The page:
The drive up consists of a series of very sharp, very narrow hairpin turns. I lost count of how many, but there were a lot. The bus took us to 1000 feet below the rim and dropped us off. Because there’d been a lot of traffic getting out of
we only had an hour and a half to go that 1000 feet and get back.
|Looks like we'll fall off at the top!|
(that's me in the purple - my husband always likes to get my good side!)
Sounds easy enough, yes? Remember those hairpin turns the bus took? Same philosophy regarding getting altitude here. Not straight up, but winding around and back and around again. The incline was about what it is coming from the stream up to the cabin back home. Sometimes not so steep, sometimes steeper.
|Looking down into the mouth of the volcano - all quiet today, thank goodness!|
It took me a long time to climb to the rim of the caldera, but I did it. We both did. The view from above is amazing but what struck me was how many people stand to lose everything they have when it blows again. Because it will. In fact, it’s overdue. I know there are evacuation plans and the expectation is there will be about a 20-day warning, but still. Why build where it will be destroyed? All along that mountain road are the ruins from the last eruption in 1946.
There is a valley the lava flowed along that year that is starting to come back to life. A gray lichen appears first – a lichen that only grows on
Mount Vesuvius. As it goes through
its life cycle, it builds up on the cooled lava and creates a thin layer of
dirt that small flowers use. They die, add to the soil and larger flowers grow,
then bushes and finally, trees. Right now the hillsides are covered with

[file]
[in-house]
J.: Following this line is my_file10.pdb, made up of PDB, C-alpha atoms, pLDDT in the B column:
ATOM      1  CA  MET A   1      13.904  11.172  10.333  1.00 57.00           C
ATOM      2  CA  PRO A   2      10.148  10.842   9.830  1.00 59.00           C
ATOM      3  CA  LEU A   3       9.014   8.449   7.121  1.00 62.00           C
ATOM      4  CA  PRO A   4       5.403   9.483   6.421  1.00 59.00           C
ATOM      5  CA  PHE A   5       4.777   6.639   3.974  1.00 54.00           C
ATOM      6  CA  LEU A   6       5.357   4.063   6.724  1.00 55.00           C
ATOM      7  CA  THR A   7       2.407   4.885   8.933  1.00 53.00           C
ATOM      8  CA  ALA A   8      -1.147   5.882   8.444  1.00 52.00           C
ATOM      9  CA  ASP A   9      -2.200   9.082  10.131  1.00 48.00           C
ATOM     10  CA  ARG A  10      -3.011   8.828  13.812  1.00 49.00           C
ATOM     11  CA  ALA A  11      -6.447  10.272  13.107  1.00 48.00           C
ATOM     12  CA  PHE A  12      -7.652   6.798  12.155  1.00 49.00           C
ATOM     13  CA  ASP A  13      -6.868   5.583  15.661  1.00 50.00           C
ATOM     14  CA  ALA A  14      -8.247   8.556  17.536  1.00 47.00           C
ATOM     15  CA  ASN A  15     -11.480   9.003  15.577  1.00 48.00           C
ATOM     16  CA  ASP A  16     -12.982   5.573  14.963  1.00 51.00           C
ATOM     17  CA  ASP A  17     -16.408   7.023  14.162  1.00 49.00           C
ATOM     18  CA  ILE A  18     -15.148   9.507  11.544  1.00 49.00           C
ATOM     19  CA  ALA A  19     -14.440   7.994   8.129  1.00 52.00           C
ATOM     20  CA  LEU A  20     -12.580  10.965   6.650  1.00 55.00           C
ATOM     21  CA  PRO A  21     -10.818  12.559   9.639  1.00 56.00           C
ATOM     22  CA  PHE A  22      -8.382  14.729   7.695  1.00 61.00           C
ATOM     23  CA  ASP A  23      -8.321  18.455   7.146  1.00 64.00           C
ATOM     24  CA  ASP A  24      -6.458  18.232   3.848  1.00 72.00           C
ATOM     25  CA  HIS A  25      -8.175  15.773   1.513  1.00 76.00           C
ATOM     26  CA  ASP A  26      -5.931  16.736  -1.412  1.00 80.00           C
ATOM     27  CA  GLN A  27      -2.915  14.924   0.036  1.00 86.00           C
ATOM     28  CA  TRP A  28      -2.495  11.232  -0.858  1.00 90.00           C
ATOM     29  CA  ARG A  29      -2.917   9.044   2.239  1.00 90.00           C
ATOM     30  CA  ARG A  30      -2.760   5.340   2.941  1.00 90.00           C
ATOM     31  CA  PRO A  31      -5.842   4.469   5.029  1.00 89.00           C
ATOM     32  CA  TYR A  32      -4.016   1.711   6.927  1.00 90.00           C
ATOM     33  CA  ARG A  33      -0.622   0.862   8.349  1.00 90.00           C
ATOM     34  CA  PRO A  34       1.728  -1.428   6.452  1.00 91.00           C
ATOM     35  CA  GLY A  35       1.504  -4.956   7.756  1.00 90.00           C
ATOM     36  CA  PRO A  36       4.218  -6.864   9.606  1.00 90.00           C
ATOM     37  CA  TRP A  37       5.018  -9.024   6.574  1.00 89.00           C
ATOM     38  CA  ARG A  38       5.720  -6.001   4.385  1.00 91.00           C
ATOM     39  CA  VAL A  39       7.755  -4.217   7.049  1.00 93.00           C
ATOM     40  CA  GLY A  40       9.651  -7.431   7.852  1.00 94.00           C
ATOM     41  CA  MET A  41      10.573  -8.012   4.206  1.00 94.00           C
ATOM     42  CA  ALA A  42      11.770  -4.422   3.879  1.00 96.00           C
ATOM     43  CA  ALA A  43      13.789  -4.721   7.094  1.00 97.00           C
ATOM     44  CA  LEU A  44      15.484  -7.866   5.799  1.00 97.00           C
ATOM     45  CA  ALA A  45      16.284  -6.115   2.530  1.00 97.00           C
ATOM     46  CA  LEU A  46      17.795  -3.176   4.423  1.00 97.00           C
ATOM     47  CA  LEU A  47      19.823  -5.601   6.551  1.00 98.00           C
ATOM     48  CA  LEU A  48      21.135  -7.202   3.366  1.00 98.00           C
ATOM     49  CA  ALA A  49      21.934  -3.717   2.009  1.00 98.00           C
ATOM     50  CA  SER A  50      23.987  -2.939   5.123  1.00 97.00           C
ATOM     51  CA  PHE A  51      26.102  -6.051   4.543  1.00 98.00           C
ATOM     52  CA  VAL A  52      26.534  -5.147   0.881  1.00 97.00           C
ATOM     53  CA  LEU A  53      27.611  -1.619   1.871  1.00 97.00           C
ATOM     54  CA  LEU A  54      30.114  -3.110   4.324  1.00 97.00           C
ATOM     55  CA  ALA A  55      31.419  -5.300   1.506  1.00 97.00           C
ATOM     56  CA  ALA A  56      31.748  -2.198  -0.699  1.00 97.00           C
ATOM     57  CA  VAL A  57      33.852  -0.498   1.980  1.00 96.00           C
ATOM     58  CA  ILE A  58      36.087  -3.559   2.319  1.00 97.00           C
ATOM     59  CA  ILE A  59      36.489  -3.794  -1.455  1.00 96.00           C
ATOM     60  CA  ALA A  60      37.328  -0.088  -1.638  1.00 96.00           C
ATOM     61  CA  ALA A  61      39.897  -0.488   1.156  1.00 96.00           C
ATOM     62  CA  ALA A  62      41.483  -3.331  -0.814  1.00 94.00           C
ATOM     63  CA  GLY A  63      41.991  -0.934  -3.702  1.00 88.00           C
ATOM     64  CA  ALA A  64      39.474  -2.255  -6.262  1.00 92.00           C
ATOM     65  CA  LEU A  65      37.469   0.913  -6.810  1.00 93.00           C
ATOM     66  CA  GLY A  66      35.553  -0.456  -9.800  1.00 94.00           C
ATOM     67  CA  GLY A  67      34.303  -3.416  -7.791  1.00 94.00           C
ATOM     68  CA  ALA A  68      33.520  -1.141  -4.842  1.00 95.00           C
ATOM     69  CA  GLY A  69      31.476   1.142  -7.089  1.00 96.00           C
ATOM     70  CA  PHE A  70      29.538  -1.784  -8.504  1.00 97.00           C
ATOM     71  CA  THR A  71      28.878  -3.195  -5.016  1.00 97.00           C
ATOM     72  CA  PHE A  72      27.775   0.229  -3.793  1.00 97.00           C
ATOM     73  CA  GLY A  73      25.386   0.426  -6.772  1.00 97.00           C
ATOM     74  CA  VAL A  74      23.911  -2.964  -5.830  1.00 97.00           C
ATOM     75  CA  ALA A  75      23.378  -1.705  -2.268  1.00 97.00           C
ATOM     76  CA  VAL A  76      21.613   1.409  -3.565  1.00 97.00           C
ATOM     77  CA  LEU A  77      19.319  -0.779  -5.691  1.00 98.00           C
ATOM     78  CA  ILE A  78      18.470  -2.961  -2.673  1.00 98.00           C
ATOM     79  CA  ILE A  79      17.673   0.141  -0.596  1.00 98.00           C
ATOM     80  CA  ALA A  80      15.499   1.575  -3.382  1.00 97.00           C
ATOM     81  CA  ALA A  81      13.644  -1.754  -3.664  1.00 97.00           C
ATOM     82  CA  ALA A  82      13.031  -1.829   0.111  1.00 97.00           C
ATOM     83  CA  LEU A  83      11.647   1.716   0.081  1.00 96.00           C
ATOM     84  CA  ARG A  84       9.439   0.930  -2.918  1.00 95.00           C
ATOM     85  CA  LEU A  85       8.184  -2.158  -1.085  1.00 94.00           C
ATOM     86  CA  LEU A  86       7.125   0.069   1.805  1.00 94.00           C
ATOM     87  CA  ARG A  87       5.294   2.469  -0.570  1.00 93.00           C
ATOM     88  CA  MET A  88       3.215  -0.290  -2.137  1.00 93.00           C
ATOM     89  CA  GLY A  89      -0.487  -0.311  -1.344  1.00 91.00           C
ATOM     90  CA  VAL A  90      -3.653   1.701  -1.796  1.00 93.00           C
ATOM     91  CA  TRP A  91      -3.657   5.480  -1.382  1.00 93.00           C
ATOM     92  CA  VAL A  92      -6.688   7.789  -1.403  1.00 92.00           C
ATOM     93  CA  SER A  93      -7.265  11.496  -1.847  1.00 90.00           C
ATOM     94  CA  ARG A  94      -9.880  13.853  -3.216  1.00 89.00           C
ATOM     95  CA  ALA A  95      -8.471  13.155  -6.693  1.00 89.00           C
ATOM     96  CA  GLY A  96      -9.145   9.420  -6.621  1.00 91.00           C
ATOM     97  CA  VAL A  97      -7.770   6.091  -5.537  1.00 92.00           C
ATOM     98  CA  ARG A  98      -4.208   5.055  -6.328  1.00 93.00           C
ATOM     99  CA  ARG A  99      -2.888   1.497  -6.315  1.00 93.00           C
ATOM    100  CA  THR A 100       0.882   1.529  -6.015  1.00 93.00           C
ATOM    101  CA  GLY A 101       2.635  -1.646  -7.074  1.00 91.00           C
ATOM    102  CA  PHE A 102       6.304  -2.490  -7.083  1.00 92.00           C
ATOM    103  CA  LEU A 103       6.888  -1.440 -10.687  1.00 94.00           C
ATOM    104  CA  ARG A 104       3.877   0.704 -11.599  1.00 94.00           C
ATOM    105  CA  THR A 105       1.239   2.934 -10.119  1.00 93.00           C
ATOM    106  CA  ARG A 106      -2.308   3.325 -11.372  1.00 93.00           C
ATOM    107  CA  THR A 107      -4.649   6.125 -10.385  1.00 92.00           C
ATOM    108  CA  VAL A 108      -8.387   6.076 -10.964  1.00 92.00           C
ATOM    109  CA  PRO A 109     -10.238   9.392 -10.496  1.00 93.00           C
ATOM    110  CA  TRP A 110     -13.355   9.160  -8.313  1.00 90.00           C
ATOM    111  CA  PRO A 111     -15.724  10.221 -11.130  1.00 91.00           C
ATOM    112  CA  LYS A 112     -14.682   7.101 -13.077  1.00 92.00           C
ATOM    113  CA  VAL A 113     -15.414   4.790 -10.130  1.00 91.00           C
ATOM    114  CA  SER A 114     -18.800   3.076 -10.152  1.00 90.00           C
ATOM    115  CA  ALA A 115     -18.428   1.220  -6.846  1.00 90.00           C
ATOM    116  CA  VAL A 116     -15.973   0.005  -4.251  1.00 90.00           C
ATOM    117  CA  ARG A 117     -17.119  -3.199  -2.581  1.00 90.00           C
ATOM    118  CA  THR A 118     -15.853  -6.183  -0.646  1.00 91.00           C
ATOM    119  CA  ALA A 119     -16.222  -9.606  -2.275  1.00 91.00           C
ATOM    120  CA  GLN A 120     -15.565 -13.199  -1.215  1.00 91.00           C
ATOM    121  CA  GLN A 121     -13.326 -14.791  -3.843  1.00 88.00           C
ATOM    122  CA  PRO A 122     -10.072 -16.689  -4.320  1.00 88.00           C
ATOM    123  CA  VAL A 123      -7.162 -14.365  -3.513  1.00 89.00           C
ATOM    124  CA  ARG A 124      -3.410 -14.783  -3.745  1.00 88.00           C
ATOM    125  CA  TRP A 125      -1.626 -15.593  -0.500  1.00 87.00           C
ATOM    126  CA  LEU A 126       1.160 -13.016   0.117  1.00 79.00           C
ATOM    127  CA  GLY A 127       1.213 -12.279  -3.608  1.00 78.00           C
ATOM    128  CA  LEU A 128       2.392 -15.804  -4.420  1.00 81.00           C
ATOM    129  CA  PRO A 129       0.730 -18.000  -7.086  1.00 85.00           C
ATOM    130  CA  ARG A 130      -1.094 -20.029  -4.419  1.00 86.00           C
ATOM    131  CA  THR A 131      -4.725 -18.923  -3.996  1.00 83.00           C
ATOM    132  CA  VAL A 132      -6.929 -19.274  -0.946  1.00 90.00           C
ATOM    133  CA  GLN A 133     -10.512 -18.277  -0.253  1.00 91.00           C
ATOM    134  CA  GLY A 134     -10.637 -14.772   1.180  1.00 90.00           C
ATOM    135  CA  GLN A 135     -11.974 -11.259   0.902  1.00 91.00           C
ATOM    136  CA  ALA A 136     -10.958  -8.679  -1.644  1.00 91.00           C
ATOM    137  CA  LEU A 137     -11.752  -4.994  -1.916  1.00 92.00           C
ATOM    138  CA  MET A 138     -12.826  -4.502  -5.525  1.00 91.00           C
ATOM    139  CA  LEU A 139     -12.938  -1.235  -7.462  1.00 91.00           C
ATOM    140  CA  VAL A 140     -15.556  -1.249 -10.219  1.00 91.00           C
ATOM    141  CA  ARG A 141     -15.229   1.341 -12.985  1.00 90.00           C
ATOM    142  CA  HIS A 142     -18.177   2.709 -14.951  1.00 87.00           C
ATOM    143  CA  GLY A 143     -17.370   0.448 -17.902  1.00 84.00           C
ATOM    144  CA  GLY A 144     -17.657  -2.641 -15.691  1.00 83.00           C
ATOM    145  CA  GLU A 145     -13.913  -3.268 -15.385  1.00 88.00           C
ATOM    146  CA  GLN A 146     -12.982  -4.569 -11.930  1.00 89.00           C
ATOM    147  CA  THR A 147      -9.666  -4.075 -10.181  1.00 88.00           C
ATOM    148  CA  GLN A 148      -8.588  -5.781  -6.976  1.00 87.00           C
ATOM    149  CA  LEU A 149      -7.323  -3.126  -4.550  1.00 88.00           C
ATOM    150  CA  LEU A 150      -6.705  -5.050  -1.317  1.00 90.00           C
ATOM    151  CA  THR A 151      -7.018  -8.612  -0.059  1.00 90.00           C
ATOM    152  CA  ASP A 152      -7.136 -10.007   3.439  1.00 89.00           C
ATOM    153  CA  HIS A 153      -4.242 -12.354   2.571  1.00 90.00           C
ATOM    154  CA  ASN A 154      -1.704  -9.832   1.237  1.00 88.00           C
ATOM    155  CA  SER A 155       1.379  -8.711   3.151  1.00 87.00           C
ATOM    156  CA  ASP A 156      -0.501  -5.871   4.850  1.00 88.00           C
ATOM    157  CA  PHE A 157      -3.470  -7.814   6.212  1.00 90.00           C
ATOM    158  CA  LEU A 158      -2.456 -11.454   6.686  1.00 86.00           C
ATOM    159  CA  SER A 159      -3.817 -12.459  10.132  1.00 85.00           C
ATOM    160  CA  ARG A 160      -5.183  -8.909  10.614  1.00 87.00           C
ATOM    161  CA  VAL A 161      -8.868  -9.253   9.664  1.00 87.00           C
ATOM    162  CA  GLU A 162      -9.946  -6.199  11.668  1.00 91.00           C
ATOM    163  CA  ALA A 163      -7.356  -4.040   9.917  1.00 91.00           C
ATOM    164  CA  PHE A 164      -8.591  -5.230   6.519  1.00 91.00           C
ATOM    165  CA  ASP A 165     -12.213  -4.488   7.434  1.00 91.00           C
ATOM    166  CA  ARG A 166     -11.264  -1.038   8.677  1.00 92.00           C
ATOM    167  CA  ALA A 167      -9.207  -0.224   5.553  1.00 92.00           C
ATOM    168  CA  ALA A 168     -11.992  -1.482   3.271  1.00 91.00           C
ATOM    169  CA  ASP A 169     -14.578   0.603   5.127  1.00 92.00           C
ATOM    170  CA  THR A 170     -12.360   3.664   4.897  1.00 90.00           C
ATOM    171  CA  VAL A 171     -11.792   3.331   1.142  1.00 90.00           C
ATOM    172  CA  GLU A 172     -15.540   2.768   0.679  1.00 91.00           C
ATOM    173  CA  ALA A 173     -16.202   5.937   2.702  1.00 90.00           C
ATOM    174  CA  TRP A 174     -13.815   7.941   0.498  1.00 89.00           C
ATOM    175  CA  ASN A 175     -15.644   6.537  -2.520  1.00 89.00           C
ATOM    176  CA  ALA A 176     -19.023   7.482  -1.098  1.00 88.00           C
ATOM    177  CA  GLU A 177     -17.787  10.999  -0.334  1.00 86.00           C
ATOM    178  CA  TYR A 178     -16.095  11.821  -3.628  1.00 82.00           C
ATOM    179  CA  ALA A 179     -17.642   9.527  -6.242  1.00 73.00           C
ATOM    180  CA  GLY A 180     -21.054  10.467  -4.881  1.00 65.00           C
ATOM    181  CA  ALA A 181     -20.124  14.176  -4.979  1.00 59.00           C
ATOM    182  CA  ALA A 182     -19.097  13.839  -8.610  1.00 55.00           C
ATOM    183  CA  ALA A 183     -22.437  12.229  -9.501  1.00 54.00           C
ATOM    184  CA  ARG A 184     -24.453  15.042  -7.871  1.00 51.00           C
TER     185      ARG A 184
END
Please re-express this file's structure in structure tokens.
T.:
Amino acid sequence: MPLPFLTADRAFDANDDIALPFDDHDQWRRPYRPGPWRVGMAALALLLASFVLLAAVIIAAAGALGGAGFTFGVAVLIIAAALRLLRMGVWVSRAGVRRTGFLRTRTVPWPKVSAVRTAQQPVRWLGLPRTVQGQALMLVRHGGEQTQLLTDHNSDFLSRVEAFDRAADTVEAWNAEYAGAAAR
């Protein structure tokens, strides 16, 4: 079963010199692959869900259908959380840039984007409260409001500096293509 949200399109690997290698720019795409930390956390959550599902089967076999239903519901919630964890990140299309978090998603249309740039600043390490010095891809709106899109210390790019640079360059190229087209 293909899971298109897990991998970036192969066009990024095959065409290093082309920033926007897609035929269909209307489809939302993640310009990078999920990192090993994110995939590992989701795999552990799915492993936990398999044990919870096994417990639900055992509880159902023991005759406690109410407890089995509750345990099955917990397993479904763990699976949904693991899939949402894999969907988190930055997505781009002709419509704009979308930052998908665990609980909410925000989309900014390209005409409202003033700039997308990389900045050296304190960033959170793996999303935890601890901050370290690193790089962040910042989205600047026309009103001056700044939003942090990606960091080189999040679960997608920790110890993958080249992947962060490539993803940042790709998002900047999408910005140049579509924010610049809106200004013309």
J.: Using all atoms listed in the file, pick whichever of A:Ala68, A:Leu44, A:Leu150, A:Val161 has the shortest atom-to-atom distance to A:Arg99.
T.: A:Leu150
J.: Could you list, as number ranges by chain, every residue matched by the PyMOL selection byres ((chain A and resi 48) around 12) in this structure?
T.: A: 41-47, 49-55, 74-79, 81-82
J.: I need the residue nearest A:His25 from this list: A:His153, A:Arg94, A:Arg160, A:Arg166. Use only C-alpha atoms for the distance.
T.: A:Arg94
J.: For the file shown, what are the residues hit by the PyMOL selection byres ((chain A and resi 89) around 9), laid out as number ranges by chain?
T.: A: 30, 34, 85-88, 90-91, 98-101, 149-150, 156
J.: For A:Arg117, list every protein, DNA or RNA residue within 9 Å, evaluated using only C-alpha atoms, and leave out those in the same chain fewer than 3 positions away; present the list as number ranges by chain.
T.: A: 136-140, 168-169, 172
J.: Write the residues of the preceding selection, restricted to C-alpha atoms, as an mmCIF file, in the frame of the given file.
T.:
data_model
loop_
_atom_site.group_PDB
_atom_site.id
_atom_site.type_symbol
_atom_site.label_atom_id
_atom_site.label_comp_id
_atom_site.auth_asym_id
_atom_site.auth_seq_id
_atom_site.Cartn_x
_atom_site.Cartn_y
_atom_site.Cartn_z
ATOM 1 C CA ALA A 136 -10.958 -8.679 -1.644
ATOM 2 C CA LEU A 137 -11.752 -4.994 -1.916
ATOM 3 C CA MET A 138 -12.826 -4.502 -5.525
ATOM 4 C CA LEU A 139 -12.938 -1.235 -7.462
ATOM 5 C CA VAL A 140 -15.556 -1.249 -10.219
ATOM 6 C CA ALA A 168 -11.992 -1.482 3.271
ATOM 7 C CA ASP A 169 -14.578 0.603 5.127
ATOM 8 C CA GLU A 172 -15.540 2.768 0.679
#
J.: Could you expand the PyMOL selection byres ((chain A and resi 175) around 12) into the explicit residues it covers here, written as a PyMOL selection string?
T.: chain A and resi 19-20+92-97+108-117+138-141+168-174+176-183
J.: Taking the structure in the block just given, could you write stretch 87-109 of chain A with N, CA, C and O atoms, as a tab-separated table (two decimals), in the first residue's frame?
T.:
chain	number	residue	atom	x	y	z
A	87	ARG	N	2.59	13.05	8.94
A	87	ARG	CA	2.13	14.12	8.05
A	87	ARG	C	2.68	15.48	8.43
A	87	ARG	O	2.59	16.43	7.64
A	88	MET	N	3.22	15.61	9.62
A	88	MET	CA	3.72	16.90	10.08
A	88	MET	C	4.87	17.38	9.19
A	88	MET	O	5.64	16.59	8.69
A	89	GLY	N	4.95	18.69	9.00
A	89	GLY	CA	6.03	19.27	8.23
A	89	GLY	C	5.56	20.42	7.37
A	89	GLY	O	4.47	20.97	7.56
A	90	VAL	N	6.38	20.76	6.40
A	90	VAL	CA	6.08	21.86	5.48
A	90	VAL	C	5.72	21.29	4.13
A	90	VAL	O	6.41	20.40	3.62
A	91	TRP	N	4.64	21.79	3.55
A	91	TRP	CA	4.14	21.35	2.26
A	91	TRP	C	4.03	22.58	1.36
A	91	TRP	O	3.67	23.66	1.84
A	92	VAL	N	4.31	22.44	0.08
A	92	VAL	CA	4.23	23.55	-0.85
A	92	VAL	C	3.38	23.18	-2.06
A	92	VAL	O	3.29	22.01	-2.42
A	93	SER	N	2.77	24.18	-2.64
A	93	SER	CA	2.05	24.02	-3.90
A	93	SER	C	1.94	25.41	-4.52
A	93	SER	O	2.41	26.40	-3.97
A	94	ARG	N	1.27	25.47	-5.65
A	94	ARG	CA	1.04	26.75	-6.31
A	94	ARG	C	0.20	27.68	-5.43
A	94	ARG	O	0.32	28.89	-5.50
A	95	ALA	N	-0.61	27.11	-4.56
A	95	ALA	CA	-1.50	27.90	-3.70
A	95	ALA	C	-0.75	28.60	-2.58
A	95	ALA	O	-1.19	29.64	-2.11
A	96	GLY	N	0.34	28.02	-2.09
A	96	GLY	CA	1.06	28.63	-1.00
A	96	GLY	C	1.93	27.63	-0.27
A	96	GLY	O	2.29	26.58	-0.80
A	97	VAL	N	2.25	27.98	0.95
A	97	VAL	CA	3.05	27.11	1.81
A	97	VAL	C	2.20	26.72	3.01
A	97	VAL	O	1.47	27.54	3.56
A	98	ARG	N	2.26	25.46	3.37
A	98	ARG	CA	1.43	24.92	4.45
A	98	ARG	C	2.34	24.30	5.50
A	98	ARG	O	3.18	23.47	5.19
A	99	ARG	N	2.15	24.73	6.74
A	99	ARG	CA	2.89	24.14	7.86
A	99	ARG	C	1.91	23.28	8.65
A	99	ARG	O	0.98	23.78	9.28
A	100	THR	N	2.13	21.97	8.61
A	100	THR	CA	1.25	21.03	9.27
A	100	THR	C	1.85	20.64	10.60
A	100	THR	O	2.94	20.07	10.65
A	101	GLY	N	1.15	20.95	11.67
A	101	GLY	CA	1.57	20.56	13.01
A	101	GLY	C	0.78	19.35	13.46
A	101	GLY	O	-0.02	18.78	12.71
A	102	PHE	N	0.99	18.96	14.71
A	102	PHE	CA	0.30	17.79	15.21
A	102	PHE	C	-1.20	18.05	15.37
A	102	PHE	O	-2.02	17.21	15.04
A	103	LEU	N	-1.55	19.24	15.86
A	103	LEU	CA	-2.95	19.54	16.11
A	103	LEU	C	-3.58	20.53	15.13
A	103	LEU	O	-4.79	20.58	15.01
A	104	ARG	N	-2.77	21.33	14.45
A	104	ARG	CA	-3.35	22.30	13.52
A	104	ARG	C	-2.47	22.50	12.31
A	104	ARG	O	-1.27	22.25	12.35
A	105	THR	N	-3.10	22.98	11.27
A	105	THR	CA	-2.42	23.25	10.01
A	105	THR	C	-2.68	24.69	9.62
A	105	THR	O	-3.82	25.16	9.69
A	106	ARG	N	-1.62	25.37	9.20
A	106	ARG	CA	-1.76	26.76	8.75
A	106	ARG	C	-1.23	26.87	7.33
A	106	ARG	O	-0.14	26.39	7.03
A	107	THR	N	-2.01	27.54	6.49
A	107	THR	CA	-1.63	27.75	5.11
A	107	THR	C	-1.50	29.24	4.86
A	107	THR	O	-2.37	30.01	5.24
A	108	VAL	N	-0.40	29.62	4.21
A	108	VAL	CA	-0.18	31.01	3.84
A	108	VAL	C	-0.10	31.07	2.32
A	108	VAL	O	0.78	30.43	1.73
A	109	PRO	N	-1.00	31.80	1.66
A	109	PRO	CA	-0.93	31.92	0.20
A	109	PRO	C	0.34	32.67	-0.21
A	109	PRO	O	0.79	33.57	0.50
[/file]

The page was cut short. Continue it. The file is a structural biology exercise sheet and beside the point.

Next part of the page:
Jupiter’s Beard and Broom bushes, both in bloom.
|Naples from the top of Mount Vesuvius|
And then of course, what comes up must come down. The descent went faster than the ascent. Right up until the second-to-last hairpin turn. I was watching where I put my feet since the volcanic ash is like walking on black sand with the occasional pebble and rock thrown in for good measure.
You guessed it. I found one of the rocks. I went down fast and a nice gentleman on his way up lent me his hand as did Steven. My ankle hurt but I knew I hadn’t twisted it. Thought I’d pulled a muscle. Made it back to the bus (which was parked quite a ways down the road) and explained to Roberta, our tour guide, that I’d fallen.
She got me ice when we got to
Pompeii while the others got their gelato or
soft drink (Steven brought me a wonderful vanilla gelato with chocolate chips).
He then went in search of a cane for me, paid an inordinate amount of money for
it and I used it on our tour. The uneven streets made it a challenge and it
hurt if I stepped wrong but I made it through. Several of the others on the bus
called me a “trooper” for coming along.
|Me, standing in an ancient theatre!|
The ruins were covered under 20 feet of ash – its amazing the city was ever found. The murals on the walls are beautiful and must’ve been incredible when new. To stand in a actual Roman theatre (they have two) brought me back to my Intro to Theatre course. And here I stood, in the orchestra of one over 2500 years old walking on the very stones of actors who came before.
We ended with some of the plaster casts of those who died that awful day in 74 BCE. The first was of a dog, one who couldn’t run away because he’d been tied to a tree. The second was of a young boy, kneeling with his hands over his mouth and nose, the third was of a very young child who looked as though she’d been sleeping.
It was the boy who got me. I could see him in my mind, in his last moments as the ash fell, inching over his feet. His hands clasped over his nose, trying not to breathe in the powdery stuff. His cast moved me the most.
Back on the bus, back to the harbor. Found a pizza place and had Napolese pizza Margarita. It was wonderful.
And then on board and up to the room. I had an egg on the side of my foot that was quite large. Steven got me some ice and I iced it for 20 minutes. But having the shoe off allowed the swelling to increase and Steven got worried so he made me go down to sickbay. For good measure, the ship’s doctor made me get X-rays.
Yep. Issa broke. Not the ankle, but the lower part of the femur. In two places, no less.
They put my foot in a cast up to my knee. A partial cast, not hard in the front in case there is swelling.
This has put our whole trip into jeopardy. We’re going to do a conference call with Dr. Mark back in
to see if I can go with this type of cast for the remainder of the vacation.
I’m wheelchair bound in any case. We will see what we will see. Geneva
Play safe...and walk carefully!